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June 27: On This Day in Criminal History: BTK

27 Jun

On this day in 2005, Dennis Rader, the self-monikered BTK (Bind, Torture, Kill) serial killer pled guilty to 10 murders that took place between 1974 and 1991, ending one of the longest and most disturbing chapters in serial killer history. If you look up Psychopath in the dictionary it’ll be a picture of Rader.

Dennis_Rader

His killing career began in the 1970s in Wichita, Kansas, where he bound, tortured, and murdered his victims in a horrific manner. He continued killing into the 1990s. His MO was to suffocate or strangle his victims to near death, revive them, and then do it again. Over and over, until he finally killed them. His victims were mostly women but his first attack was on a family of four, Joseph and Julie Otero and their children Joseph II and Josephine.

He sent taunting letters to the police and to local newspapers, graphically detailing the killings. He fell silent in 1991 and wasn’t heard from again until 2004 when he revived his letter-writing campaign, an act that led to his capture. The case had gone cold, the police having exhausted all their investigative avenues. Rader, apparently missing the limelight, sent another letter to police in which he confessed to a killing that had not previously been attributed to BTK. DNA from tissues found beneath that victim’s fingernails then moved front and center. Eleven hundred DNA samples were taken from local men but none proved to match.

Then Rader screwed up. In an act of incredible stupidity, he sent a letter to the police asking if there was any way to trace a floppy disc–remember those?–to a specific computer. The police lied, telling him there wasn’t. Rader then sent a message on a floppy. The police quickly analyzed the metadata on the disc and linked it to a computer at a local Lutheran Church, where Rader was a Deacon. His arrest followed. Maybe that’s what he wanted. Maybe he was tired of hiding out. Maybe he simply wanted credit. I’d bet on the latter.

One the most disturbing images of this creature took place during his in-court confessions, where he calmly and matter-of-factly documented each of the 10 murders in very graphic detail. Since the death penalty in Kansas was on hiatus during the time of the killings, he received 10 life sentences. He’ll be eligible for parole in 175 years. What’s that? 2180? Haley’s Comet will lap past us twice between now and then (2061 & 2136). Bet Dennis will miss both of those.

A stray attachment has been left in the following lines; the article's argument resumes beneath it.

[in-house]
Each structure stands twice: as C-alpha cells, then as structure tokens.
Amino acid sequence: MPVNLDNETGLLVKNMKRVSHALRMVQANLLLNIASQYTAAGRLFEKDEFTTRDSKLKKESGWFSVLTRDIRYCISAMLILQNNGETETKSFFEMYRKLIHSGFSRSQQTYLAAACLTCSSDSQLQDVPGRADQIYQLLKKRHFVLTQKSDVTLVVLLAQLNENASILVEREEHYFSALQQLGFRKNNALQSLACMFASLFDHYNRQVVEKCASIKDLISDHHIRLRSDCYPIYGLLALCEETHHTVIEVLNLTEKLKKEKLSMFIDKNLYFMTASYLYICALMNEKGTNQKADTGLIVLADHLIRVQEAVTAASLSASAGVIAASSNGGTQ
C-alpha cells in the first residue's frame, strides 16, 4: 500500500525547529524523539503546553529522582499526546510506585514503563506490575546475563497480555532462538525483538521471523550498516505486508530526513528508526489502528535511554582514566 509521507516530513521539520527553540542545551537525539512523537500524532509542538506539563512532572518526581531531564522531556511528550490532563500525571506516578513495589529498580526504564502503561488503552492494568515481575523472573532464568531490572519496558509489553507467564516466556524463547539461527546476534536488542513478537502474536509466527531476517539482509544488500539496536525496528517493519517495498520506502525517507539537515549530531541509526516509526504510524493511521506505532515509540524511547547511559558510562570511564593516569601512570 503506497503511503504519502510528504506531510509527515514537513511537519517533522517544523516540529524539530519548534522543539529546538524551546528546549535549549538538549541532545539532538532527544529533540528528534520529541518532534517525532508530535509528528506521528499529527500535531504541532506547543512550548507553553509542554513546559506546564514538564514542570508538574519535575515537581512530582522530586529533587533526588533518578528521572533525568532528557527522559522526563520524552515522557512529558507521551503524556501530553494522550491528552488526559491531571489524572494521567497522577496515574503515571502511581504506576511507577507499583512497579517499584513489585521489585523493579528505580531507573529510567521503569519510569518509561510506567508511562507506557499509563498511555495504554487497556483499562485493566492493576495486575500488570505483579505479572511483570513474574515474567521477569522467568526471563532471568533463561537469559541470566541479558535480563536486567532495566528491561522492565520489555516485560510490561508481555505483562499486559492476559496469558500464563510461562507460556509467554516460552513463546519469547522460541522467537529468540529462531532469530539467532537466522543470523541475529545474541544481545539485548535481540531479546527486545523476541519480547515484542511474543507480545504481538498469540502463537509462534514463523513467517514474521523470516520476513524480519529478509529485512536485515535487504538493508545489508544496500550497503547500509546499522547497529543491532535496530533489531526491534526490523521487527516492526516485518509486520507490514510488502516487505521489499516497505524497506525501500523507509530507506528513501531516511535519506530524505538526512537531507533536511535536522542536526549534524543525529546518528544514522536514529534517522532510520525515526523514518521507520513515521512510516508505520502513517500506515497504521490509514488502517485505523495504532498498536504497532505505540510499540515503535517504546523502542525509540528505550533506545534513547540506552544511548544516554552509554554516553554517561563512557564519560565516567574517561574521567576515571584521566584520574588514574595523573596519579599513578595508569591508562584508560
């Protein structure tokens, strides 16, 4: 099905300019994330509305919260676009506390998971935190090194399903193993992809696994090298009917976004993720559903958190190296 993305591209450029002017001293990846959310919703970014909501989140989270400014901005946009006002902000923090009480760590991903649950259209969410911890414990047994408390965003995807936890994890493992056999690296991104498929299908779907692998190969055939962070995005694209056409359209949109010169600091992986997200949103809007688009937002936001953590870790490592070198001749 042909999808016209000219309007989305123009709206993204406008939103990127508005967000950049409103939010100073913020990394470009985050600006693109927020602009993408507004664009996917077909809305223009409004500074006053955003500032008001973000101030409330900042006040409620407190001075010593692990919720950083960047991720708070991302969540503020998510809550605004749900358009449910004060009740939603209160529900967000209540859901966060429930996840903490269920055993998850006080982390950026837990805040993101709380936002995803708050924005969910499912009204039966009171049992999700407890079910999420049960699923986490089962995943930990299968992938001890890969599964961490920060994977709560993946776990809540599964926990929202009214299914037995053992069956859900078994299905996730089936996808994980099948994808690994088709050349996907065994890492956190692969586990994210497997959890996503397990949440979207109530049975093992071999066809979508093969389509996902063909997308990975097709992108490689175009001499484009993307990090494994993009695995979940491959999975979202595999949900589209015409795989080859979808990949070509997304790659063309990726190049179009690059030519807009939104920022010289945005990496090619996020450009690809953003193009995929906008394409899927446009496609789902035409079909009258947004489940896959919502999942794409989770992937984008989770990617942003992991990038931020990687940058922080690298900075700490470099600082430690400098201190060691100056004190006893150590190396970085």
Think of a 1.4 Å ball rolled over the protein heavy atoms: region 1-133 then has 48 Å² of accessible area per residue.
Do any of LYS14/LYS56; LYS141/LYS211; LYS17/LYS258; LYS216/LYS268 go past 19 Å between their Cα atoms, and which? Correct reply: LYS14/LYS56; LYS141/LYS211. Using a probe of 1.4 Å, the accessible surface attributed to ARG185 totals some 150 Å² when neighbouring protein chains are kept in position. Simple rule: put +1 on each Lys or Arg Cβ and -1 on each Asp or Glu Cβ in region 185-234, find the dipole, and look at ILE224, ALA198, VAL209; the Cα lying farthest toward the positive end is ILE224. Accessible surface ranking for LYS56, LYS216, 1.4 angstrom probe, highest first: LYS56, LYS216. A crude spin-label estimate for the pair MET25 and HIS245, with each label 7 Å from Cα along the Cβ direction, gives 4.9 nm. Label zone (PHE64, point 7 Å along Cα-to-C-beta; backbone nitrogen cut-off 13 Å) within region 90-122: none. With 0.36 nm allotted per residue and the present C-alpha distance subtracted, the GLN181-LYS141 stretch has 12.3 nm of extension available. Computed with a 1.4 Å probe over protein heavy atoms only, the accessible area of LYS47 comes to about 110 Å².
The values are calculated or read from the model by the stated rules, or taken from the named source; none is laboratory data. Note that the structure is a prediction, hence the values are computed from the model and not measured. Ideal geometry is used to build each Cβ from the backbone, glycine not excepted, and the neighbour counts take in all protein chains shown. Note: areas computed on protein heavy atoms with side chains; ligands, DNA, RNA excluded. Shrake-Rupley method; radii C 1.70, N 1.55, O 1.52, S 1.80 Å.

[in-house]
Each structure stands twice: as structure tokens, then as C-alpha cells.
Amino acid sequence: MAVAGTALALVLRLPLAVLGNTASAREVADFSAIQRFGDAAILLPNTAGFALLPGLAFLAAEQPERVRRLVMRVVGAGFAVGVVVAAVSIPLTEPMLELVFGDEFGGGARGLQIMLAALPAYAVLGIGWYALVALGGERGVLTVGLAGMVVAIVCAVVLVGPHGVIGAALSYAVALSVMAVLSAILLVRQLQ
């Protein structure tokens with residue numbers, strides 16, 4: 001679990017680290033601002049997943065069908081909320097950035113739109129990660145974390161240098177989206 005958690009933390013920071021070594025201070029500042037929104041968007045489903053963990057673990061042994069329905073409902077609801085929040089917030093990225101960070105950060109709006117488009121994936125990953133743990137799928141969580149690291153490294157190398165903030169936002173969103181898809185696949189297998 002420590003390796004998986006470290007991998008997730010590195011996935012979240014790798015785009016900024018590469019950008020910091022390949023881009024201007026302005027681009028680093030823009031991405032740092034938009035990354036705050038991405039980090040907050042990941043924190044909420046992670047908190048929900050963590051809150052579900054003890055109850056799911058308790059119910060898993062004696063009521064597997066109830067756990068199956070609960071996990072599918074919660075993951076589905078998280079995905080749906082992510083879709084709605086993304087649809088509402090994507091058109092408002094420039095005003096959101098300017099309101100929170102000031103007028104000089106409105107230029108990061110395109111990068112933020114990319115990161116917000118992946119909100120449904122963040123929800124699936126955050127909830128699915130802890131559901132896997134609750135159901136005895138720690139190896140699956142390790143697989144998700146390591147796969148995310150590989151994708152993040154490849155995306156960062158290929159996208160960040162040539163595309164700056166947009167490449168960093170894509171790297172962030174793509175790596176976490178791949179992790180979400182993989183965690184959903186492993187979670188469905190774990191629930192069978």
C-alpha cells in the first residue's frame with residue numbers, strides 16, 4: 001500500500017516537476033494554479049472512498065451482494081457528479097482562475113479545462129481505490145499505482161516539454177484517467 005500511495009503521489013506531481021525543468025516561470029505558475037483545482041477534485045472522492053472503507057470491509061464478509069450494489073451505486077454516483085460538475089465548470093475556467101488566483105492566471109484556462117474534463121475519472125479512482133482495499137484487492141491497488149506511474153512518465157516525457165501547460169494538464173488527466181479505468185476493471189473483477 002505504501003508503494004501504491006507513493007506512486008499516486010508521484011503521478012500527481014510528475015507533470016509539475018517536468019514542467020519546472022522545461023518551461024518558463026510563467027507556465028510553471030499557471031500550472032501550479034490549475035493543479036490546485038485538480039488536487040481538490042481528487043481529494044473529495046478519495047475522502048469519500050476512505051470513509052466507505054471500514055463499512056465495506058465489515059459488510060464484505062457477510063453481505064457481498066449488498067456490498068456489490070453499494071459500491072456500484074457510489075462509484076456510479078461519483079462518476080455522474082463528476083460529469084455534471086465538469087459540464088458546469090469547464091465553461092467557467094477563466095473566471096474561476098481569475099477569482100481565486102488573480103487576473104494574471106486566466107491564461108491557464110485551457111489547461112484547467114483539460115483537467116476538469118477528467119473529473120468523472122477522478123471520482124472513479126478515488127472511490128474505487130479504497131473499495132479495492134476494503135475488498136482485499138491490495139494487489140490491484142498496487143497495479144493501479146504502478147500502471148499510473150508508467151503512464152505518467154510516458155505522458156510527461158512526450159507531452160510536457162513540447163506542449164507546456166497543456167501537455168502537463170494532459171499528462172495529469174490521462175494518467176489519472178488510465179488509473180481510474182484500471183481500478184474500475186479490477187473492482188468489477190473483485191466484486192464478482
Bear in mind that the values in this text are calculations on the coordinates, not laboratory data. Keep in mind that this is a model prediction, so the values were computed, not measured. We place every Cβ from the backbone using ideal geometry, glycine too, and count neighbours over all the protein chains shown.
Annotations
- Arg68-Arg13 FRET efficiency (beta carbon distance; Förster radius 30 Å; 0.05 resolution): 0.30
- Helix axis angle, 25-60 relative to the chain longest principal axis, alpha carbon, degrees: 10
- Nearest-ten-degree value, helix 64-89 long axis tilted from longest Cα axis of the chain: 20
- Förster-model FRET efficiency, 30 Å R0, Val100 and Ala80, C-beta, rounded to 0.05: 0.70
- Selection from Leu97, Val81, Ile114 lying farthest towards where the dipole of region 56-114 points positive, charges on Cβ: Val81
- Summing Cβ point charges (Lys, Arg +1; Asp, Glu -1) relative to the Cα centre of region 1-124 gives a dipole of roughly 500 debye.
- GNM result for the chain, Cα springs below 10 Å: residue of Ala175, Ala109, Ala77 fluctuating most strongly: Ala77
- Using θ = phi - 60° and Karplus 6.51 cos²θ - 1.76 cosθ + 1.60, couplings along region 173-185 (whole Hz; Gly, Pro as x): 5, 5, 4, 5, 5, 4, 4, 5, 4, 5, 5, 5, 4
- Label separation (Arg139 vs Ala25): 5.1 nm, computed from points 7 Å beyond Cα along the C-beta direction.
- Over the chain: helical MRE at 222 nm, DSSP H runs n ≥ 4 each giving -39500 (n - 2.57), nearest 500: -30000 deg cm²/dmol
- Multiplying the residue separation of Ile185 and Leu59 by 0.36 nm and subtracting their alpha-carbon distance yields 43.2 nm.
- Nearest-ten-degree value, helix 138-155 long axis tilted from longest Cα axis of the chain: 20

Wikipedia Article

TruTV Crime Library Article

Haley’s Comet

 

3 responses to “June 27: On This Day in Criminal History: BTK

  1. T. D. McKinney

    June 27, 2009 at 1:15 pm

    Though a fascinating case, I can’t say I’m looking forward to climbing into Rader’s head for an upcoming book. The more I find out about him the more disturbing I find him. The thought of interviewing him is chilling. I’ll do it but I’ll be sure to take anti-nausea meds first.

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  2. Steven Walker

    June 27, 2009 at 8:10 pm

    More recently, Timothy Krajcir has received 13 consecutive life sentences with no chance of parole in connection with multilple rapes, assaults and convictions of seven murders. Krajcir has already confessed to two more murders for which his trials are pending, and he is under investigation for even more unsolved murders. The media has not given him as much attention as it has to the BTK murderer, but Krajcir’s methods were equally, if not even more brutal, often committing his crimes in the presence of his victims’ children. The definitive account of Krajcir’s killing spree, which terrorized areas of Missouri, Illinois, Kentucky and Pennsylvania is detailed in Steven Walker’s latest true-crime book, Predator, which will be released by Kensington Publishing in the beginning of 2010.

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    • D.P. Lyle, MD

      June 28, 2009 at 8:42 am

      Yes, Krajcir was a very bad dude and did some awful things to his victims. I guess the media latched on to BTK because of the moniker he gave himself–much like the Zodiac–and because he communicated with the police and the media so frequently. Then disappearing for over a decade left everyone in Wichita with a very uneasy feeling—he was still out there somewhere.

      Hope the book does well. Can’t wait to read it.

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